Friday, May 24, 2013

A Soldier's Grave

With Memorial Day weekend upon us, I thought I'd share a post that I wrote at this time last year as a reminder about what this holiday is really about.  Memorial Day often brings thoughts of barbecues, a 3-day weekend, and the start of Summer.  Those are all things we think of too, but it's not what the holiday is about.  So, here's last year's post and I wish all of you a great Memorial Day weekend.  While enjoying it, please remember those that have fought for our freedom!  Here it is ...

On this Memorial Day, I wanted to remind everyone to remember the fallen men and women in our military.  When doing a little research on national parks for my Frugal Friday post, I came across an interesting story about Memorial Day, a young girl, and her act of kindness.

On Memorial Day, there is an annual tradition of decorating soldiers' graves with wreaths and flowers.  This tradition began shortly after the Civil War, and was first suggested by the women of Columbus, Georgia 1866. The custom went national two years later through the adoption of a May 30th date by the Grand Army of the Republic, a Union Veterans organization.

In February 1862, Confederate prisoners of war were held in warehouse buildings for about a month.  The prisoners that died there were buried in the Greenbush Cemetery in Lafayette, Indiana.  In the spring of 1868, a committee was organizing the annual ceremony and received a wreath from a local girl.  Attached to the wreath was a note that said:

"Will you please put this wreath upon some rebel soldier's grave.  My dear papa is buried at Andersonville, and perhaps some little girl will be kind enough to put a few flowers upon his grave".  -  Jennie Vernon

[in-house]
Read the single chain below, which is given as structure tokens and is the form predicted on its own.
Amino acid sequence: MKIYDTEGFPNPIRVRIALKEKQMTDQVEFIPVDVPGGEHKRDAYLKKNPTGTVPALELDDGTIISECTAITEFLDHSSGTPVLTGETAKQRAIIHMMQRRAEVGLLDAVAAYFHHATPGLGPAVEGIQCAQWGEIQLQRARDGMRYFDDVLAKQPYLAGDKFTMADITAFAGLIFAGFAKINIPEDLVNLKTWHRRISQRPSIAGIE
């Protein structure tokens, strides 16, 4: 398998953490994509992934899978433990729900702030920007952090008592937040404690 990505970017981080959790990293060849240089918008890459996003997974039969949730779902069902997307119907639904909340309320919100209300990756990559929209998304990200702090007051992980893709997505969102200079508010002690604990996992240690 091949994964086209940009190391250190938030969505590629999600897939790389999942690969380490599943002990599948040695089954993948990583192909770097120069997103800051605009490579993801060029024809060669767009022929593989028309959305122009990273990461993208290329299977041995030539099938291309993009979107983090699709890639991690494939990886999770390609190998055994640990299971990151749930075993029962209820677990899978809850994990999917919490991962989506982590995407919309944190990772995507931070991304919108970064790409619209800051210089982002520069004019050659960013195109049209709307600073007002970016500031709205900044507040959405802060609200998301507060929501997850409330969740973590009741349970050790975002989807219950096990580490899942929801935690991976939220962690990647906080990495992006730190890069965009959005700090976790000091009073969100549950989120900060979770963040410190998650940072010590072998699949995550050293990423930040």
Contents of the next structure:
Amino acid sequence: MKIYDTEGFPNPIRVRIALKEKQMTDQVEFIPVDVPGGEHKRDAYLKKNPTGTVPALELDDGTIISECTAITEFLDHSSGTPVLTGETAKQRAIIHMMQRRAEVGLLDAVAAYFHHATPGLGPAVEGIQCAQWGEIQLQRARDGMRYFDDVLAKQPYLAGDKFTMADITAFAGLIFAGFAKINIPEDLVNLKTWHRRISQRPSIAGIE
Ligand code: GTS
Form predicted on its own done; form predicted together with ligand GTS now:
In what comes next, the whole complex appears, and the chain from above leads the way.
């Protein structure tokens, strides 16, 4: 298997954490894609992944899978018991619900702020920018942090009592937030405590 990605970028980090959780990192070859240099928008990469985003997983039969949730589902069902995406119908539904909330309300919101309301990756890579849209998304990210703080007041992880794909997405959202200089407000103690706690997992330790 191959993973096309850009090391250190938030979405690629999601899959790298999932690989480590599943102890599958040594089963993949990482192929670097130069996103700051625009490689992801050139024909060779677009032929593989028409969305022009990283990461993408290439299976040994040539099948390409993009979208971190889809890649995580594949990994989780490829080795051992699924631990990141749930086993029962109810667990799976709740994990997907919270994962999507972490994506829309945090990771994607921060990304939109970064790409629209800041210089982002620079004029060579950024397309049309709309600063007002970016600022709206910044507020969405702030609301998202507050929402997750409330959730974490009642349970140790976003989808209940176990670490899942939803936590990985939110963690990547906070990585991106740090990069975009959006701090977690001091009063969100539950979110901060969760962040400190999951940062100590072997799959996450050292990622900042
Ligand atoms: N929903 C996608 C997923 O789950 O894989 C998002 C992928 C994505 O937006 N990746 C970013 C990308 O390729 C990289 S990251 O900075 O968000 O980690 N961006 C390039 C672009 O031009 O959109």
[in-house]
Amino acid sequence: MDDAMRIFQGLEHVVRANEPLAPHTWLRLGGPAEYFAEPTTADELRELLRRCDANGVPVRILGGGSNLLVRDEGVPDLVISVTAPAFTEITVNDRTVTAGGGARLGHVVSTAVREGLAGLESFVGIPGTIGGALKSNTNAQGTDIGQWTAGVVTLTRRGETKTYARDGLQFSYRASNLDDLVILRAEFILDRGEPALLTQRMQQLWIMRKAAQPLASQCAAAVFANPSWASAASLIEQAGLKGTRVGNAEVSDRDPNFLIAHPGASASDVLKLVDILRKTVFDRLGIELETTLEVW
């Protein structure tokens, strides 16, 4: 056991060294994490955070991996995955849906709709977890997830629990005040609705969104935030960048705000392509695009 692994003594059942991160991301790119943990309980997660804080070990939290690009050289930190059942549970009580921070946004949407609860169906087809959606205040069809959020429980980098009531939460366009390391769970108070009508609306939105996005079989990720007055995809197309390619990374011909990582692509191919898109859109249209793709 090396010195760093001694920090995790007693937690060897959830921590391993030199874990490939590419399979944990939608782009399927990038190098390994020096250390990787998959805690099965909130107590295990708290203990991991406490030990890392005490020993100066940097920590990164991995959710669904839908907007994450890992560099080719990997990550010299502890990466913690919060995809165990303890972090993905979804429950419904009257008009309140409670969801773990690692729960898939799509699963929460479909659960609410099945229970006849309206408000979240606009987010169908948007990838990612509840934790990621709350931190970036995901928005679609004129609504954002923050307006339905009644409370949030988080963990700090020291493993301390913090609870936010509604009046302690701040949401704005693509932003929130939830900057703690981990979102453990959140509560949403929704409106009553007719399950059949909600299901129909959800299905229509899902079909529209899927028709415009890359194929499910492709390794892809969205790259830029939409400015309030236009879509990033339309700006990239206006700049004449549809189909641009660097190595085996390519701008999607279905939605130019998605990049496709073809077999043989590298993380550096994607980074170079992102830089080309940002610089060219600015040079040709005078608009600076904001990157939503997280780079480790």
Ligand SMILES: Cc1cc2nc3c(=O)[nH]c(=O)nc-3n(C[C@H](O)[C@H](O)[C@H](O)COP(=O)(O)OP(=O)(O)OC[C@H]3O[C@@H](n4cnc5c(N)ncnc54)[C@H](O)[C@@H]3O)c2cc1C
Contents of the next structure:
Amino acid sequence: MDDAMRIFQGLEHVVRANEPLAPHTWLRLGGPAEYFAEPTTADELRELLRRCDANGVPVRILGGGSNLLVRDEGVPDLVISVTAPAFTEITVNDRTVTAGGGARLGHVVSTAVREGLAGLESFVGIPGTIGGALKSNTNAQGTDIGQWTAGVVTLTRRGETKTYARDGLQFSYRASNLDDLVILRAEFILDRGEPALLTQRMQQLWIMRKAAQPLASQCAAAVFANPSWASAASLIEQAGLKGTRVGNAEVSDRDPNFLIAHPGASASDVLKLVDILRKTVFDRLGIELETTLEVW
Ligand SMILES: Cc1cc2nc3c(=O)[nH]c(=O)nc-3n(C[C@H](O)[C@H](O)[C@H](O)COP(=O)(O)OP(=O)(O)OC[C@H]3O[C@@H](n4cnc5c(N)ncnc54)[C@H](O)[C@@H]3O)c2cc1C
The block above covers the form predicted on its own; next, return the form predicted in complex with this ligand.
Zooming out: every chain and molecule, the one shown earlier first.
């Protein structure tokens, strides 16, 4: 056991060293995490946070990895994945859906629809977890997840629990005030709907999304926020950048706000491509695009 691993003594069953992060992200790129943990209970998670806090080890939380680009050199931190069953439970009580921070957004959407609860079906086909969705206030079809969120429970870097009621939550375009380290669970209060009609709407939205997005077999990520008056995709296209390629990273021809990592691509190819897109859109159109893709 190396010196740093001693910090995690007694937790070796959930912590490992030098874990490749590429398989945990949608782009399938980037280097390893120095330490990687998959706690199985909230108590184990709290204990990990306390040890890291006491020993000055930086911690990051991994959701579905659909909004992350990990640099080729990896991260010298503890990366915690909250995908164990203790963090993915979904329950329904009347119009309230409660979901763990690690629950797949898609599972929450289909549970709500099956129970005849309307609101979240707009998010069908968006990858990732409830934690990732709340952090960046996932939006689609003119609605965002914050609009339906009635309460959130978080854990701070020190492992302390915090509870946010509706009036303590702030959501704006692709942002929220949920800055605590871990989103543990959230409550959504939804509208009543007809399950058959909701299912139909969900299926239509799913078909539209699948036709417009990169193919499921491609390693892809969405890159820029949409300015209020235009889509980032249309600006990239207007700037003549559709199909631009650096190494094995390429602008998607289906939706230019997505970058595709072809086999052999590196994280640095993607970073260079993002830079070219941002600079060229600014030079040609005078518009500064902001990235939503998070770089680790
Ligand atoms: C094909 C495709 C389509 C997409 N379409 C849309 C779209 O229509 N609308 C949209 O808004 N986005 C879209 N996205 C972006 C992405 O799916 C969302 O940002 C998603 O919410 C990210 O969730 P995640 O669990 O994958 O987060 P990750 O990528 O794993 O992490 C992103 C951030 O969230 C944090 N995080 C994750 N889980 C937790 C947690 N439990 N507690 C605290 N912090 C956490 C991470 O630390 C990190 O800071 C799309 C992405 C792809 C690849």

The wreath that Jennie provided was placed on a grave in the cemetery, and the story of her kindness was reprinted throughout the nation that summer.  It turned out that Jennie was twelve years old, and she had lost her father at a military prison near Andersonville, Georgia in 1864.  Her father is buried in the Andersonville National Cemetery .. Section K, grave #2428.

It's not known if anyone placed flowers on the grave of Jennie's father in 1868.  However, her story is a reminder of Jennie's father and all of our nation's fallen soldiers.  Please take this day to honor them!  If you'd like to read the article, you can find it here.

Hasta luego ... until then.  Mid-Life Cruising!

1 comment:

Sandee said...

We should not lose sight of what this holiday is about. I won't ever lose sight of what this holiday is about.

Have a terrific day. I hope hubby is feeling better. :)

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